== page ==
In the News: What Keeps Public School Parents Awake at Night?

When it comes to their children’s education, what are parents’ biggest concerns? Shannon Gilchrist of the Columbus Dispatch writes:

Paying for college is No. 1. After that, they worry about their children’s happiness and safety at school.

But academics? Not so much. Parents do care, but as long as their children are perceived to be happy and succeeding — especially if that’s what teachers are telling them – they figure everything is fine in that area.

These findings come from a 2016 survey of more than 1,300 public school parents nationwide by Learning Heroes, a nonprofit that aims to help parents get involved in their children’s learning. Bibb Hubbard, the organization’s president and founder, reviewed the findings during a recent panel at the Education Writers Association’s annual conference.

One stunning statistic: Over 90 percent of respondents believe their child is performing at or above average. 

Earlier this year, Mike Petrilli wrote about those survey results.

By any reasonable definition many of these parents, if they are being frank with the pollsters and themselves, are sorely misinformed. Consider that only about a third of U.S. teenagers leave high school ready for credit-bearing college courses.

Providing a more honest assessment of student performance was one of the goals of the Common Core standards and the tests aligned with them, Mike notes. However, he writes, “those score reports have typically been about as easy and appealing to read as auto repair manuals.”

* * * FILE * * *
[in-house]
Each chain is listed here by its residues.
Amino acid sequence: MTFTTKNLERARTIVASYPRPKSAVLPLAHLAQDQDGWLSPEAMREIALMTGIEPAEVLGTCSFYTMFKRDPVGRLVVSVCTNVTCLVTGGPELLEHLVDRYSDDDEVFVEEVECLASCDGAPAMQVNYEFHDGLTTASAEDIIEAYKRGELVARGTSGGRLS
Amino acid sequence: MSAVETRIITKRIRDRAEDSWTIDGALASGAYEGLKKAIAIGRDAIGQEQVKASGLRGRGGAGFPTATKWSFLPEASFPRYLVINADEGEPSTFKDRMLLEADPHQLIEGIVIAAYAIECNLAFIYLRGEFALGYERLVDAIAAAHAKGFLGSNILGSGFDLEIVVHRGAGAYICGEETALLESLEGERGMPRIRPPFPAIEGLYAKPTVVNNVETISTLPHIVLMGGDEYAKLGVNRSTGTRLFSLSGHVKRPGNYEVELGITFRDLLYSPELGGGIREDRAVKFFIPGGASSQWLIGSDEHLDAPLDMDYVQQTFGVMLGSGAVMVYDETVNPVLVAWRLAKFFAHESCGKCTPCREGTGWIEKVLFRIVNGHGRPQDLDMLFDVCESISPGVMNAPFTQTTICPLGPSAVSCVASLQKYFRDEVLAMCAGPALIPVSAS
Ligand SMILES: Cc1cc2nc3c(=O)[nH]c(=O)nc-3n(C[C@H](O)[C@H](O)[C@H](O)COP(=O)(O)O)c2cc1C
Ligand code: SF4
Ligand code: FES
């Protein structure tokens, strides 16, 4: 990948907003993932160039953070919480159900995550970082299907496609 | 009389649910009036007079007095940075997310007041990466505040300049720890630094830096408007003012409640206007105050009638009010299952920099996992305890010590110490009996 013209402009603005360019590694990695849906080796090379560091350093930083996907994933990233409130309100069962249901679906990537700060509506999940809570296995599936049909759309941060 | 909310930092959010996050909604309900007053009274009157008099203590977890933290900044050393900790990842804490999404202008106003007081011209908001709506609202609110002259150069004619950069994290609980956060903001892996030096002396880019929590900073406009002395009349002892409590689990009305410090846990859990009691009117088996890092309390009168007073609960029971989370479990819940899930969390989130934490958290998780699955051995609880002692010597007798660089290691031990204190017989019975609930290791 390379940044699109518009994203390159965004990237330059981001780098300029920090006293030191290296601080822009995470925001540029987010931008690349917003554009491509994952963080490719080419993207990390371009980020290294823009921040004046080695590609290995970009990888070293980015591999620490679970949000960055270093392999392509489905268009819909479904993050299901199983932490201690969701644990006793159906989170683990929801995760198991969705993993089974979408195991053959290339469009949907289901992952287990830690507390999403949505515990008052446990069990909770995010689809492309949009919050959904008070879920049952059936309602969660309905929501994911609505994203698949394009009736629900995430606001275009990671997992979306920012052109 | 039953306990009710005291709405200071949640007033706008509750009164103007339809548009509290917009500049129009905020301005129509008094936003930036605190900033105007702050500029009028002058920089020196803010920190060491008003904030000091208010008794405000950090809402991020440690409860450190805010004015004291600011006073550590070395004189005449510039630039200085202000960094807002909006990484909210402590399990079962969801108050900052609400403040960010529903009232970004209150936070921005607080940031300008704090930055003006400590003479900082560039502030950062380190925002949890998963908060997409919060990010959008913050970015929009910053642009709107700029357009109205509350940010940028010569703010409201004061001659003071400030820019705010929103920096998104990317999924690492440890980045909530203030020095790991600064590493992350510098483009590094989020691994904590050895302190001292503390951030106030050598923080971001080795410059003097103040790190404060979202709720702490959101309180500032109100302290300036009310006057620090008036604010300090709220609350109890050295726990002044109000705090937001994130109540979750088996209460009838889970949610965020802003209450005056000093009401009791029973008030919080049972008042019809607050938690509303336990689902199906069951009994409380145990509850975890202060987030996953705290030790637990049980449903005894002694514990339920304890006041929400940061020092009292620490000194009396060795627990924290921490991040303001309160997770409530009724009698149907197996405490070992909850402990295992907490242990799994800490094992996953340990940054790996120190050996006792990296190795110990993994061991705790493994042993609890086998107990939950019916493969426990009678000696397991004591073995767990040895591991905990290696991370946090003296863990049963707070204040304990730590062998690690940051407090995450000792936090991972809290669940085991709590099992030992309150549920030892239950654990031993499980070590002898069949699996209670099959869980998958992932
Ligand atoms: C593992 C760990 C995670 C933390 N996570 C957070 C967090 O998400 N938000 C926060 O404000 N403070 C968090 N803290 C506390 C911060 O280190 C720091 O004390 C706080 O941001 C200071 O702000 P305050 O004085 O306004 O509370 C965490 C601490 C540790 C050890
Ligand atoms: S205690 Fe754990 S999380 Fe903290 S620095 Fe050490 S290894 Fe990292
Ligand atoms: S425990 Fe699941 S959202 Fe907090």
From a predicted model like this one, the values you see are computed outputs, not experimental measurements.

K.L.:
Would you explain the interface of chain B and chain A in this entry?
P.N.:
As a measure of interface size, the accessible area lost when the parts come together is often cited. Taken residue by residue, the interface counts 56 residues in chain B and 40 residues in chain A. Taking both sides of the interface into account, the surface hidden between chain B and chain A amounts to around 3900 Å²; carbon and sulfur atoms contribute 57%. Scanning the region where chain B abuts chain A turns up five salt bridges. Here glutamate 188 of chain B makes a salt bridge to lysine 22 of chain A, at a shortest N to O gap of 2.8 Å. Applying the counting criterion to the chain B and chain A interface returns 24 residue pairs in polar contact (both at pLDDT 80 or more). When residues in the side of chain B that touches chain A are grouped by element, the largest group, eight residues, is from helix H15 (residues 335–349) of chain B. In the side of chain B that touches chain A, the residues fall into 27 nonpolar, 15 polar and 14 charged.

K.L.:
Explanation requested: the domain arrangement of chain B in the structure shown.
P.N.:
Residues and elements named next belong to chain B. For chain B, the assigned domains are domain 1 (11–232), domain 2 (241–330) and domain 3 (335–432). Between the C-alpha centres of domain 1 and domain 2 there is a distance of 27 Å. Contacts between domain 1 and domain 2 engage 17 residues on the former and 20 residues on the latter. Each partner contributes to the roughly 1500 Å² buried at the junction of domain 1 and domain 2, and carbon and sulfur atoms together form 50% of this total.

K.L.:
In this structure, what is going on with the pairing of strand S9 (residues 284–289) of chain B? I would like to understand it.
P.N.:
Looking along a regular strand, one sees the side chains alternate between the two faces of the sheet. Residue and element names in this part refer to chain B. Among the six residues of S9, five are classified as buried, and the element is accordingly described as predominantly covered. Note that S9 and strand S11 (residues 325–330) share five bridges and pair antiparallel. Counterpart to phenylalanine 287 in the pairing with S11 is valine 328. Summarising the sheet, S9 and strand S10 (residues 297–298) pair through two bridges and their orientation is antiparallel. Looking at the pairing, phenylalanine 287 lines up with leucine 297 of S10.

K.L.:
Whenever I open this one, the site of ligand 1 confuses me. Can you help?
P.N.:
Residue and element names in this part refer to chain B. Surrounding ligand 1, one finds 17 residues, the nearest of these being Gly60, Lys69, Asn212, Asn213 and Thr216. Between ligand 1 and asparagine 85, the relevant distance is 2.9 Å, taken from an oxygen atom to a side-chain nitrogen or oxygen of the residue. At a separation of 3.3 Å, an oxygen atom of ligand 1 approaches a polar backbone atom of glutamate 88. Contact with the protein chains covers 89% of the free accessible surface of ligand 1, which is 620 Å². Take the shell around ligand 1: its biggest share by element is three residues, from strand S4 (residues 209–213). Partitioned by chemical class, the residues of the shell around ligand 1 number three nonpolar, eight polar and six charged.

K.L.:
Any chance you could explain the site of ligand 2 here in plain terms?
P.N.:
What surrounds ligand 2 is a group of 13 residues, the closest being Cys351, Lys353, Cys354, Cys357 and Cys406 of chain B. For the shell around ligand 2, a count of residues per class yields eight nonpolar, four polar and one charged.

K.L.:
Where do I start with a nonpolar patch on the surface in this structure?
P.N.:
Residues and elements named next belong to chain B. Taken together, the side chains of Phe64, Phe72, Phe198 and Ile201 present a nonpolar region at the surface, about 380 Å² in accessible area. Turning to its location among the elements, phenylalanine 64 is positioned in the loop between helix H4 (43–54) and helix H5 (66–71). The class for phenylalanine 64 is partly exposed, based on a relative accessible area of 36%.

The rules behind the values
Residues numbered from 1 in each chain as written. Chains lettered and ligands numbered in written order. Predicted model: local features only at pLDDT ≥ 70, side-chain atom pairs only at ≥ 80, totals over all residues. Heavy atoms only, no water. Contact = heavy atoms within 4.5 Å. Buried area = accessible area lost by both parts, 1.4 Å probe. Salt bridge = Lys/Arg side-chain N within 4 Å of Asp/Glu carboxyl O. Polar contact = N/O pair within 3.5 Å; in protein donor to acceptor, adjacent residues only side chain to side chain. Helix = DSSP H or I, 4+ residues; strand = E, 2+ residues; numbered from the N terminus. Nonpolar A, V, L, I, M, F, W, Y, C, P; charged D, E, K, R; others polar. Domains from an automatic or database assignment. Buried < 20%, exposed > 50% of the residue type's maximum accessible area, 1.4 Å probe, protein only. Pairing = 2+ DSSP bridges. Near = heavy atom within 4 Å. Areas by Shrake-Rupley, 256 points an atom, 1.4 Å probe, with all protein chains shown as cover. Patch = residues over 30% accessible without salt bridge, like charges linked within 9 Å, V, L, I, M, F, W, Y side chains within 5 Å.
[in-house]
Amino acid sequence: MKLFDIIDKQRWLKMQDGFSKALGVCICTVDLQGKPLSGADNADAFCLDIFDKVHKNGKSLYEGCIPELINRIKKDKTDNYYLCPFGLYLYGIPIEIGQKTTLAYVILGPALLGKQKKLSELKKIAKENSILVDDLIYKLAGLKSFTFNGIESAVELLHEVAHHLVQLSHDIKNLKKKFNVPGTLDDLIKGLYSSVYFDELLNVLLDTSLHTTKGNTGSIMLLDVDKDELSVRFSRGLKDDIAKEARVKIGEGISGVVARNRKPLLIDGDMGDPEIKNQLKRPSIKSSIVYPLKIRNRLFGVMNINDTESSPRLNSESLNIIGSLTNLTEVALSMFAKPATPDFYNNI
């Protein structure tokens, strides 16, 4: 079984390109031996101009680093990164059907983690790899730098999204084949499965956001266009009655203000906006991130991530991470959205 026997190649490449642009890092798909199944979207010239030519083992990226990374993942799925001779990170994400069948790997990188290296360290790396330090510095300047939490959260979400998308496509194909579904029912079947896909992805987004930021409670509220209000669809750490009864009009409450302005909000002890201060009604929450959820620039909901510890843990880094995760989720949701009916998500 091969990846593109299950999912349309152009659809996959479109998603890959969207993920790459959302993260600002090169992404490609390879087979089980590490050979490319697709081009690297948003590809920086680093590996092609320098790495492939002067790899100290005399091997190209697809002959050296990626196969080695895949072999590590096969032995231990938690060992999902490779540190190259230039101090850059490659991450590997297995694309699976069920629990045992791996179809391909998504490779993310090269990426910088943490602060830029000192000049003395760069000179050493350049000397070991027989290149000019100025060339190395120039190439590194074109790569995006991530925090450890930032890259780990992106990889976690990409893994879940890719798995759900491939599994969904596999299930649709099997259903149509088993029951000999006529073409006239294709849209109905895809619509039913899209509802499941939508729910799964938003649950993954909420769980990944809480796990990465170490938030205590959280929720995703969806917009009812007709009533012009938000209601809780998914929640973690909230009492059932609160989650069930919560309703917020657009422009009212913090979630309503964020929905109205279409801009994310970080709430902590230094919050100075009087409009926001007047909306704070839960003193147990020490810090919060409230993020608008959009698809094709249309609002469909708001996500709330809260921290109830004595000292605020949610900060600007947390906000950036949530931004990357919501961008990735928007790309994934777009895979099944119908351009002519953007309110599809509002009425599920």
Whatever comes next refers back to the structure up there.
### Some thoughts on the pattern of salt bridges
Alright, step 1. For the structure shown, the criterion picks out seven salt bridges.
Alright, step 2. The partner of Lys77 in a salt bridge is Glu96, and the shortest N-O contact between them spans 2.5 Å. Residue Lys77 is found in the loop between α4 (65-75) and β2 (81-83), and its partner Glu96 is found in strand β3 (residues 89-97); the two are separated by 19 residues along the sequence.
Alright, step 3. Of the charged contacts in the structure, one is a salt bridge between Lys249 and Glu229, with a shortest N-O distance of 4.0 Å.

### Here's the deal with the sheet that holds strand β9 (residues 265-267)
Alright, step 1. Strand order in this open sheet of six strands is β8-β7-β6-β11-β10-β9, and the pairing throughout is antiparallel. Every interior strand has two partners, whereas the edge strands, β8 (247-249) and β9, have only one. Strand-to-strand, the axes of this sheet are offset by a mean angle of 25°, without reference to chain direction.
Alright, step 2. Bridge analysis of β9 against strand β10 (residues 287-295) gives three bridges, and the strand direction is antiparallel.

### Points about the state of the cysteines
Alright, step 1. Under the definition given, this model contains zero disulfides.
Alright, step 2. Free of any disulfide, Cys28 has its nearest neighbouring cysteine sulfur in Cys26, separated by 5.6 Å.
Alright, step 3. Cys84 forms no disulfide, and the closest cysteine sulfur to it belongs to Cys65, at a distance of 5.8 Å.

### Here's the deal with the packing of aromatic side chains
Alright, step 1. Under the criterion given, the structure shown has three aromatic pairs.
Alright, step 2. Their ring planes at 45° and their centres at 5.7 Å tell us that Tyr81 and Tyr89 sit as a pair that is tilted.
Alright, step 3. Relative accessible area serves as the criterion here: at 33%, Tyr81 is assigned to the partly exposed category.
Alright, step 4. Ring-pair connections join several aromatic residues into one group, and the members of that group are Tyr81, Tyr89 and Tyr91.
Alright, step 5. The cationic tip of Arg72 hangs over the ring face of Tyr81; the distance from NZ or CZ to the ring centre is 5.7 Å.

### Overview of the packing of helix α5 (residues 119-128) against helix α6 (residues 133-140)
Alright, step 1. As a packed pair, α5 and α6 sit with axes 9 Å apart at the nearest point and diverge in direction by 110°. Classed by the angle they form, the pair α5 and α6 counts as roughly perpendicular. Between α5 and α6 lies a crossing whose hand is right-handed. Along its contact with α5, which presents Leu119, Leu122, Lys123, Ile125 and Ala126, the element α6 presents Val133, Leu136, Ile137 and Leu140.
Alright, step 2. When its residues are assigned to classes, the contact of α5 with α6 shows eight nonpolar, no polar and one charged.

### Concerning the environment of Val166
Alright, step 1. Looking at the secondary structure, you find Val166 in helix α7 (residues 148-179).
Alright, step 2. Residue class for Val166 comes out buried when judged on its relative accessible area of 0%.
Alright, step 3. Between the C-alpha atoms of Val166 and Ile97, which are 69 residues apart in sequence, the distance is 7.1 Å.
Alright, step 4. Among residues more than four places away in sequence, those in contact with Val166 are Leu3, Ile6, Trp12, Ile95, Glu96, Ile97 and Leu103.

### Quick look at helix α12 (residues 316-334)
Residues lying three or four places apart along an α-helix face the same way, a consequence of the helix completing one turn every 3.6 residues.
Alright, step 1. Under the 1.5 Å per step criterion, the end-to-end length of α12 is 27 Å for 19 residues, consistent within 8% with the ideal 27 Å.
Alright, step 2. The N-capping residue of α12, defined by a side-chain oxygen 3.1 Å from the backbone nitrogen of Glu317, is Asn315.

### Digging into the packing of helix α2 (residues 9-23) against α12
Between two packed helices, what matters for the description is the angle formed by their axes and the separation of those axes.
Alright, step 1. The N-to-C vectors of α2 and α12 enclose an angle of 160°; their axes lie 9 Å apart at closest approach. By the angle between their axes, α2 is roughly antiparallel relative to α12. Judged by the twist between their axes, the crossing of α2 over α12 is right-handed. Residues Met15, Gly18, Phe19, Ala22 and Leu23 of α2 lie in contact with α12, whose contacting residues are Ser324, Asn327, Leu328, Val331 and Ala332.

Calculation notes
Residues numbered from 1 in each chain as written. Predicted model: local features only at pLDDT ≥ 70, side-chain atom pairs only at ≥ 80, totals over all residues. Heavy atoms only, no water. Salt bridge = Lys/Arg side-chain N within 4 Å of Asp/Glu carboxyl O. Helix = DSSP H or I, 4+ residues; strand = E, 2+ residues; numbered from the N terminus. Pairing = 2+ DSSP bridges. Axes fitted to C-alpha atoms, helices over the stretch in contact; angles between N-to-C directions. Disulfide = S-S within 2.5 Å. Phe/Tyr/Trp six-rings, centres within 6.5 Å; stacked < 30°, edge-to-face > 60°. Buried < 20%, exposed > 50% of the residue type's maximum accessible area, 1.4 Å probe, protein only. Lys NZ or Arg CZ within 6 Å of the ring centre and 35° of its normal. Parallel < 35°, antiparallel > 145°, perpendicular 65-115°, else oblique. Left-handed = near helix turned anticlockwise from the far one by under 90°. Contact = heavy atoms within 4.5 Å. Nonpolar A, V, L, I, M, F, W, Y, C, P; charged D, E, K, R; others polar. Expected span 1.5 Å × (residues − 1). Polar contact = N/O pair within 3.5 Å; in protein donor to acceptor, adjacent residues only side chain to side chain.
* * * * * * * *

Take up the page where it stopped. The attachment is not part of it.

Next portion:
Conscientious parents are constantly getting feedback about the academic performance of their children, almost all of it from teachers. We see worksheets and papers marked up on a daily or weekly basis; we receive report cards every quarter; and of course there’s the annual (or, if we’re lucky, semiannual) parent-teacher conference. If the message from most of these data points is “your kid is doing fine!” then it’s going to be tough for a single “score report” from a distant state test administered months earlier to convince us otherwise. After all, who knows my kid better: his or her teacher, or a faceless test provider?

He concludes:

Right now, we have higher standards and tougher tests in most states. Shouldn’t we at least try to use them for one of their intended purposes: to close the gap between college aspirations and college readiness? 

— Education Next

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